Over the next few articles I am going to discuss the top three most common hearings that occur during a divorce action. Motions come up here and there, but these three things will be faithfully set in each and every case. Attending them may or may not be necessary, but chances are good you’ll go to at least one of them. The first one is the subject of this article – Friend of the Court Conciliation hearing.
When you file a divorce action that involves minor children, you have to wait a minimum of six months before the court will divorce you. There are exceptions to this rule, but the chances of you being divorced in less than six months are about as good as my husband magically turning into David Beckham (or, in his opinion, me turning into Faith Hill). As one would imagine, a lot of parties separate before or during the divorce action, and they want to have a laid-out plan for when they see their kids. In order to speed this process along, the Friend of the Court in Jackson County sets a meeting called Conciliation. The purpose is to lay out the basics when it comes to the kids while the divorce is pending. Five topics are discussed at Conciliation – custody (both legal and physical), parenting time (who has the kids when), child support (who pays who and in what amount), child care contribution and health care contribution (both factored into child support).
A lot of attorneys I know are split on whether or not to attend Conciliation with their clients. Because it results in a recommendation for a court order, some consider it crucial to be there. If I do go, most of the time I end up sitting there like a bump on a log as the Conciliator really just wants to hear from the clients and not from the attorneys. However, if the client feels better with me present, or if opposing counsel is attending, I will gladly go. It obviously saves the client moolah if I do not attend. If she feels comfortable handling the matter on her own, then I’d rather sleep in (a lot of these hearings occur at 8 am and I live an hour from work. Beauty sleep is important you know. That’s the only way I’m going to wind up looking like Faith.)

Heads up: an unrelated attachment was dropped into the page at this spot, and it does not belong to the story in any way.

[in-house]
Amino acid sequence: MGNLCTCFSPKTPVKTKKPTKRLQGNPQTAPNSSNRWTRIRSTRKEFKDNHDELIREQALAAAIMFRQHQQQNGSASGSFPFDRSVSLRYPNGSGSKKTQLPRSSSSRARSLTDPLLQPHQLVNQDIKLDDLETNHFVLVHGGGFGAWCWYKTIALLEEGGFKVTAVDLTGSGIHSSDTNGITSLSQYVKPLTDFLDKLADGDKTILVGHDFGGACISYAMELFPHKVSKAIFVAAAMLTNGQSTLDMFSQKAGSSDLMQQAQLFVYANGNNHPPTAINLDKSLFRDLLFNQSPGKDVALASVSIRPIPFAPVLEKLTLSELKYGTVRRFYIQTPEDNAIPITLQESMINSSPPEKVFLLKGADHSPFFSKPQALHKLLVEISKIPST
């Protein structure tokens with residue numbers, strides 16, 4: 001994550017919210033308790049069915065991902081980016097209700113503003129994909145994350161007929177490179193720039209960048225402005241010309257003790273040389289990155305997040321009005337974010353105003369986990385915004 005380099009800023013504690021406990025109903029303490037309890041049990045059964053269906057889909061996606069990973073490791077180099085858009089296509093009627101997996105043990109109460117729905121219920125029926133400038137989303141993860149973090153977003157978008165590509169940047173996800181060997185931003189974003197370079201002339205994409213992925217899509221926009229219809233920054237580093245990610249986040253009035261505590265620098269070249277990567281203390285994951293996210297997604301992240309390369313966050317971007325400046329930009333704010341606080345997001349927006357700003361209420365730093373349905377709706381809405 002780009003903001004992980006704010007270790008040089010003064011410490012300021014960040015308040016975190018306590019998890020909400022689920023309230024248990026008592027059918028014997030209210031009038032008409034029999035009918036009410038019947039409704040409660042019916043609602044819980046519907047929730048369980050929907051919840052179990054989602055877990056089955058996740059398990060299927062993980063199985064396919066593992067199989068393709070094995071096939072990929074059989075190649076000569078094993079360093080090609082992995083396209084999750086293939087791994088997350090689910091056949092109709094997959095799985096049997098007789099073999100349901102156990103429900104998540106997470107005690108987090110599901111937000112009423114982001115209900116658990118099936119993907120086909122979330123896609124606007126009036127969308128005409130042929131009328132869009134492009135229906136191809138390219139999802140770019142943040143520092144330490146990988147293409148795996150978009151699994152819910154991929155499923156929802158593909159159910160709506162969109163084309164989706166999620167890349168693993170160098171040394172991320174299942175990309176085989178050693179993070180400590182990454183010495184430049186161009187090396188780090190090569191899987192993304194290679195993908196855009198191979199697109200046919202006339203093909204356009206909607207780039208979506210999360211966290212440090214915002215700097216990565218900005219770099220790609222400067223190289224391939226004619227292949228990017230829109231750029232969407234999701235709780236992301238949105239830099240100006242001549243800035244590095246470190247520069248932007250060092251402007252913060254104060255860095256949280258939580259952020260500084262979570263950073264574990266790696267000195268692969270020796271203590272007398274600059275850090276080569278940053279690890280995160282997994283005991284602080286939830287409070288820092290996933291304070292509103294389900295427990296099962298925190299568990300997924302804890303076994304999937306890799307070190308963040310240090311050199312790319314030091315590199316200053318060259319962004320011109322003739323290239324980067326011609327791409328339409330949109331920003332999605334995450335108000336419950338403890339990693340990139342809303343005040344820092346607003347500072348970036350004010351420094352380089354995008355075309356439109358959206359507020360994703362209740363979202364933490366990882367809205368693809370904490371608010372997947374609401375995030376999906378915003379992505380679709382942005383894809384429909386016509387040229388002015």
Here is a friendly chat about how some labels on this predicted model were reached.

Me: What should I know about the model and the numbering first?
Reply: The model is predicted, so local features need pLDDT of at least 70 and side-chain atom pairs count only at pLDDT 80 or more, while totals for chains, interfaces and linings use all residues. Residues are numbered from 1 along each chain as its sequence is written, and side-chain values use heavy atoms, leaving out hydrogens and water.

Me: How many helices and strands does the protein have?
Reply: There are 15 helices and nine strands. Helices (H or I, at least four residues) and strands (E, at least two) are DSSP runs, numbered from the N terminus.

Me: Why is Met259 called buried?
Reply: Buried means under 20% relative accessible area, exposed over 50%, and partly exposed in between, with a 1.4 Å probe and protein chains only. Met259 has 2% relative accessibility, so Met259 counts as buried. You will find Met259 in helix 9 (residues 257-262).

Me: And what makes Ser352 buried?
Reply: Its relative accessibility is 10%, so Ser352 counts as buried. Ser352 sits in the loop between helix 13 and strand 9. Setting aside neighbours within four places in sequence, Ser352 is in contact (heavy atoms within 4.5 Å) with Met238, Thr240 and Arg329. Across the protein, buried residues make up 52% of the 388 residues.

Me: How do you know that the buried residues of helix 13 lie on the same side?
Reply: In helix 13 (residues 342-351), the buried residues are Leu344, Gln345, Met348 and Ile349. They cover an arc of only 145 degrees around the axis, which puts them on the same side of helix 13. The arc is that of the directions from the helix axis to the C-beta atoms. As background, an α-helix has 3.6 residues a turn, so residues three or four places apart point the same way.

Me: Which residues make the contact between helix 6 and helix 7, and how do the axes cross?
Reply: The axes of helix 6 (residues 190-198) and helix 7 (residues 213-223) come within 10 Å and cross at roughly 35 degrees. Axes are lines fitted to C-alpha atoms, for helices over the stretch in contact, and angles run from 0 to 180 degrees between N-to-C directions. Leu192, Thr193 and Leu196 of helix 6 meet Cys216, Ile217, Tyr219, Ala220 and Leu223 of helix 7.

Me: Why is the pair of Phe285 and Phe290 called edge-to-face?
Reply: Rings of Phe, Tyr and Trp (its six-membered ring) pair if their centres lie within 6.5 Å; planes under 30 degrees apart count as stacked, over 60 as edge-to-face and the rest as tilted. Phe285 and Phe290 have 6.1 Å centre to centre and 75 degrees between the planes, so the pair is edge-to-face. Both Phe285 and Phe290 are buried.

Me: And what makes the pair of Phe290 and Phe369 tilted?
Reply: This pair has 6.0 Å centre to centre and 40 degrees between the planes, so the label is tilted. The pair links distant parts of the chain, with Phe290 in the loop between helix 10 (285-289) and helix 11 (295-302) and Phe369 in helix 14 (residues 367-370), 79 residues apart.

The child support factors, including child care and health care are fairly straight-forward – the Conciliator takes a look at each party’s income, tax status and exemptions, and health care available through employers, and plugs that information into the computer program which magically spits out a number for one party to pay the other. Unreimbursed health care costs for the kids are also divided between the parties based on the abracadabra method as well.
Custody and parenting time is where it can get brutal. The Conciliator is supposed to take a look at the 12 factors outlined in the Best Interests of the Child statute, MCL 722.23, consider each party’s strengths and weaknesses, and make a determination in the child’s best interest as to which parent should have custody (or shared custody), as well as the days and times the child spends with each of her parents. Most of the cases end up with joint legal custody, meaning that both parties have the right to participate in the important life decisions that come up in the child’s life – education, medical, religious upbringing, etc.
Physical custody can either be sole or joint – sole is when one parent has the child in his or her care most of the time, and the other parent has weekend visitations and perhaps a mid-week visit. Joint physical custody is when the parties have an equal or approximately equal parenting time schedule and share roughly the same amount of time with the kids.
Because parenting time overnights are considered in the child support formula, you hear all sorts of accusations that he only wants joint physical custody so that he doesn’t have to pay oodles of child support to the other parent, or if he has to pay full guideline amount he’s going to default on the mortgage, she leaves him no choice…it honestly sounds like a broken record after a while, similar to how the radio stations ruin good songs by playing them once an hour, every hour, every day.
If the parties can reach an agreement on the five Conciliation issues on their own, the Conciliator can draw that up and have everyone sign right then and there. The attorneys can also prepare the paperwork, but surprisingly, when the clients hear it’s free for the Friend of the Court to do so, they tend to like that option better. If the parties still live together, they may choose to reserve the issues until they separate.
Sometimes you can’t reach an agreement if your life depended on it, and the Conciliator makes his or her own recommendation and proposed order on the issues presented and submits it to the parties and the court. If you don’t like what the Conciliator has to say, you can object to it within 21 days after service of the recommendation and order. Then the court can decide what stays and what goes.
If possible, I think it’s better to try to reach an agreement instead of leaving it in the hands of someone who only meets you for a couple of hours. You and your spouse should know what’s best for the kids, but spite and otherwise unfriendly emotions that crop up during divorce can alter one’s perception substantially. Focus on the kids and the clean slate for the future – not on the old dirty laundry.
Courtesy of Jackson County Legal News, 8/18/11, Vol. 47, No. 72